Here are some snippets of the eclectic mix playing on our kitchen music station:

U2 ~ How to dismantle an atomic bomb: I’m totally digging this album. In this latest work, U2 seems to have re-embraced their earlier style, as this album bears little similarity to their techno-inspired recent work like All that you can’t leave behind or Pop. It is a mix of the old and the new. Great stuff.

Alison Krauss and Union Station ~ Lonely runs both ways: I’m not really a country-music fan, but this one is different. It is what I think of as modern country music. Alison has a tantalizing voice. I’m hooked on her music.

Dave Matthews Band ~ Under the table and dreaming: This is an album that I can never stop listening to. It always enjoys a prestigious place among my music collection. Every track is a delight.

Maroon 5 ~ Songs about Jane: On this, their debut album, this young band made it big simply because their music is so engaging. My favorite is She will be loved.

Peter Cincotti ~ Peter Cincotti: A young jazz singer with lots of potential. He meshes pop with classic jazz tunes. Very enjoyable listening.

Nelly Furtado ~ Folklore: This is the album I go to whenever I’m in a dark state of mind. It is enjoyable, up- beat listening; each song is a treat.

Sarah McLachlan ~ Afterglow: The latest addition to the Tynes collection. It provides soothing songs for the troubled soul.

Sarah McLachlan Surprise

The mysterious arrival of Sarah MI got a nice surprise yesterday in the form of a package from FedEx that was delivered to my workplace. Inside the package was a copy of Sarah McLachlan’s album Afterglow, a CD Ive been wanting for a while now, with an accompanying letter congratulating me for winning the Music Now! competition.

The letter, addressed to me, was from Orbit! To the best of my recollection, I hadn’t participated in any Music Now! or Orbit sponsored competitions, so it took me a few seconds to figure things out. The husband, who is some kind of a pop-culture walking encyclopedia, answered a question featured on the Music Now! channel and gave them my details as the winner so the prize would go to me. It was a nice surprise and a clever one too! I have been listening to her music all the day and it is so soothing!

‘Jo’ features Tariq Nasser

Tariq Nasser on the cover of Jo

I was very glad to find that JO magazine decided to put Jordanian
musician Tariq Nasser on the cover of this month’s issue. It’s about time no? Nasser, founder of Rum musical group, has contributed tremendously to the development of the music scene in the Kingdom. I love his work. This recognition is well deserved.

Fairuz Overload

Fairuz: When we loved each other so muchWe had an enjoyable evening last night. Amal came over and we cooked a Chinese dish with cashew nuts for dinner along with some banana bread for dessert. They both turned out very well. Following our brief dinner, we watched a Dutch documentary entitled Fairuz, We Hielden Zoveel Van Mekaar, or "Fairuz: When we loved each other so much." The documentary, which Amal worked on as a field producer, examines the Lebanese infatuation with the diva Fairuz, explaining how she provided the soundtrack to the lives of so many Lebanese during the civil war that shattered that country’s soul.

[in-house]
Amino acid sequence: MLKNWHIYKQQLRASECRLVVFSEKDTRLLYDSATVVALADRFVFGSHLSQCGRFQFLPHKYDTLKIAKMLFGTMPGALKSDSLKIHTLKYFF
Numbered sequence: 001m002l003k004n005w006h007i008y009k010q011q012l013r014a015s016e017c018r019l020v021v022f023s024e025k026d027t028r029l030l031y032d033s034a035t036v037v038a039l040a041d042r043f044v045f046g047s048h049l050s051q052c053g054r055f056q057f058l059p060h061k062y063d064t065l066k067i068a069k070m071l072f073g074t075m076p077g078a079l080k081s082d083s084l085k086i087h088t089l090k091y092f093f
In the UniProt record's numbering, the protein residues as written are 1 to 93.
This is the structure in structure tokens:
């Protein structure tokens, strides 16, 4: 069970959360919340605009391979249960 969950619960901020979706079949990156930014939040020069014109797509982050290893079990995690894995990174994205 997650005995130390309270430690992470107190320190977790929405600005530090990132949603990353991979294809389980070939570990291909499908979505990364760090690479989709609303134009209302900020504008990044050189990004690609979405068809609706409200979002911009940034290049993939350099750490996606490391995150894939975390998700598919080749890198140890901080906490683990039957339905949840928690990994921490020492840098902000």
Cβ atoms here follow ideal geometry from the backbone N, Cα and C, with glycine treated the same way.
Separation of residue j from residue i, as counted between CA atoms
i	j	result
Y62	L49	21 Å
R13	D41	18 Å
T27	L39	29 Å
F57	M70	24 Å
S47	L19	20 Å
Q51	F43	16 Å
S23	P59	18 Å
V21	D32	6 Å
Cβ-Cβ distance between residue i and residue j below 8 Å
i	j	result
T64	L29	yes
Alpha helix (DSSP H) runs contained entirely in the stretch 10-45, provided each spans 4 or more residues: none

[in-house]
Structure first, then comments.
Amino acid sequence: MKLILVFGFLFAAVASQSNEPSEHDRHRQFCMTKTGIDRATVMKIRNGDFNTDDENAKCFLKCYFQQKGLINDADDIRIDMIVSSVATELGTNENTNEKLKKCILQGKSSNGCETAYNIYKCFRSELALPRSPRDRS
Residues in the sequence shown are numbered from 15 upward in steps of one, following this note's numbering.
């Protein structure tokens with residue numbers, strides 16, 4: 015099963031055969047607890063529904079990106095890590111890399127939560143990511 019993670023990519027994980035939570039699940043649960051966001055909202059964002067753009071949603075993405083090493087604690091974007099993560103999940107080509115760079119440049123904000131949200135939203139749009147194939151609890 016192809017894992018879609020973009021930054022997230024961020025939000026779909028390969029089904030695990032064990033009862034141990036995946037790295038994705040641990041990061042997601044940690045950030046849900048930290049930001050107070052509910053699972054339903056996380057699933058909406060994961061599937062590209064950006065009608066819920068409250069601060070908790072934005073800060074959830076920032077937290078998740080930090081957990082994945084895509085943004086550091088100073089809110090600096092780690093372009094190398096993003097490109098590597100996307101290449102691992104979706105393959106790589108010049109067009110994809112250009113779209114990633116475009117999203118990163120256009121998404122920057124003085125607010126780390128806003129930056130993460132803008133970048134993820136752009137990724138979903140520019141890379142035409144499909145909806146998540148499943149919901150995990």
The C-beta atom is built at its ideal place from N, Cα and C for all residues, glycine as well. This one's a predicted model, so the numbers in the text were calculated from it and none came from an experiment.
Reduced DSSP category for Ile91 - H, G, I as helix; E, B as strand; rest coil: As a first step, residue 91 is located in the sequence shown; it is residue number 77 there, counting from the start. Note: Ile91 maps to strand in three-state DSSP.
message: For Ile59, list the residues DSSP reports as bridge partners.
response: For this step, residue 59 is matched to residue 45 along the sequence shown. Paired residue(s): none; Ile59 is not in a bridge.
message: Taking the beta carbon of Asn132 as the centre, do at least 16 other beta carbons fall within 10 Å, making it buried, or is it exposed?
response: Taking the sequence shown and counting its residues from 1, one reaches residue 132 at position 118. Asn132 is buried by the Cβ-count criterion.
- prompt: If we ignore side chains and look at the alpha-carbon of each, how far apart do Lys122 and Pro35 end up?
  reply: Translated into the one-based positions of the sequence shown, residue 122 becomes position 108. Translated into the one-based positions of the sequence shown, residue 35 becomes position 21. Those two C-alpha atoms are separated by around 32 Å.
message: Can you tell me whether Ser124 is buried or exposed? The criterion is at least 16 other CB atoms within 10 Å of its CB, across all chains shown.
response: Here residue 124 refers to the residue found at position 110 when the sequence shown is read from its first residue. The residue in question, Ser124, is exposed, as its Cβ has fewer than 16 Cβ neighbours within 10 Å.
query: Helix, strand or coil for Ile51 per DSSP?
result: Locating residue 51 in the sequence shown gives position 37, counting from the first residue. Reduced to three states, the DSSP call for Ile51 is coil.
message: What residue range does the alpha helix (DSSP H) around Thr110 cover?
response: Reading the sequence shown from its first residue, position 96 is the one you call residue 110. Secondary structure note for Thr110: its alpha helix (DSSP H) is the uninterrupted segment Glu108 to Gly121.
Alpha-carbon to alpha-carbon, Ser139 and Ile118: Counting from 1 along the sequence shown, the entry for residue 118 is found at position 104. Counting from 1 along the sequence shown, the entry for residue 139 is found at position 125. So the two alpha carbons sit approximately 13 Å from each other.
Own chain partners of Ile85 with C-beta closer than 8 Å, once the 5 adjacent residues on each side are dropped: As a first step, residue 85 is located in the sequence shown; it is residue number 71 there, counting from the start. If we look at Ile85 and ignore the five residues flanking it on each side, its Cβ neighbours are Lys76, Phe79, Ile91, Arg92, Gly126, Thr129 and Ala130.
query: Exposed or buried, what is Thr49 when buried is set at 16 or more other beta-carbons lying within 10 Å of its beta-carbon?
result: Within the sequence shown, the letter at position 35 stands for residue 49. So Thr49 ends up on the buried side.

Those interviewed talked passionately about their attachment to Fairuz songs and how she helped shape their emotions and nationalism while growing up in a war weary world.

Fairuz in profileNaturally, the soundtrack of the movie was Fairuz songs, which did make enjoyable listening. But after watching the documentary I felt the urge to bring up a controversial topic in these parts: Fairuz overexposure. I know this might offend the many ardent Fairuz fans out there, but I really have had enough of her. Wherever you go — at least in Jordan — a sampling of Fairuz melodies is required. You hear her everywhere and I mean everywhere: The bus, the cab, on national TV, all radio stations, even your neighbor’s CD player.

When it is Christmas, we hear Fairuz singing Laileh Eid or "A festive night." When it it is snowing she chants Talj, Talj or "snow snow." When there is a Palestinian solidarity campaign we hear Ya qudos or "Oh, Jerusalem." There is a Fairuz song to suit every occasion.

It is just too much! I know most of her songs by heart but sometimes I wish they would just stop playing them! I don’t hate her beautiful melodies or her tantalizing voice; don’t get me wrong. I’m just suffering from Fairuz overload! I cannot allow myself to hear her songs anymore. I have had it! Enough!! It is about time for a new diva to step into the limelight.

Ok. I’m finished venting. Attack me if you will 😉

The soundtrack of my adolescent years

Ahmad Humeid wrote a very nice piece in the Jordan Times about the advent of private English radio stations in the kingdom. He also suggested ways to improve long-standing Jordan Radio’s English language FM station. It is worth your time to take a look.

On the same note, the mere idea of flipping through radio channels while in Jordan will be a novel one for me, as the English FM station had always been my only choice of audio entertainment.

For me, part of growing up in Jordan was spending hours listening to pop tunes on Radio Jordan alongside the ramblings of the loud, obnoxious DJs. Those were fun days. There is no doubt that the music of Radio Jordan FM was the soundtrack of my adolescent life. I do not think I can give it up, despite the advent of these alternative choices.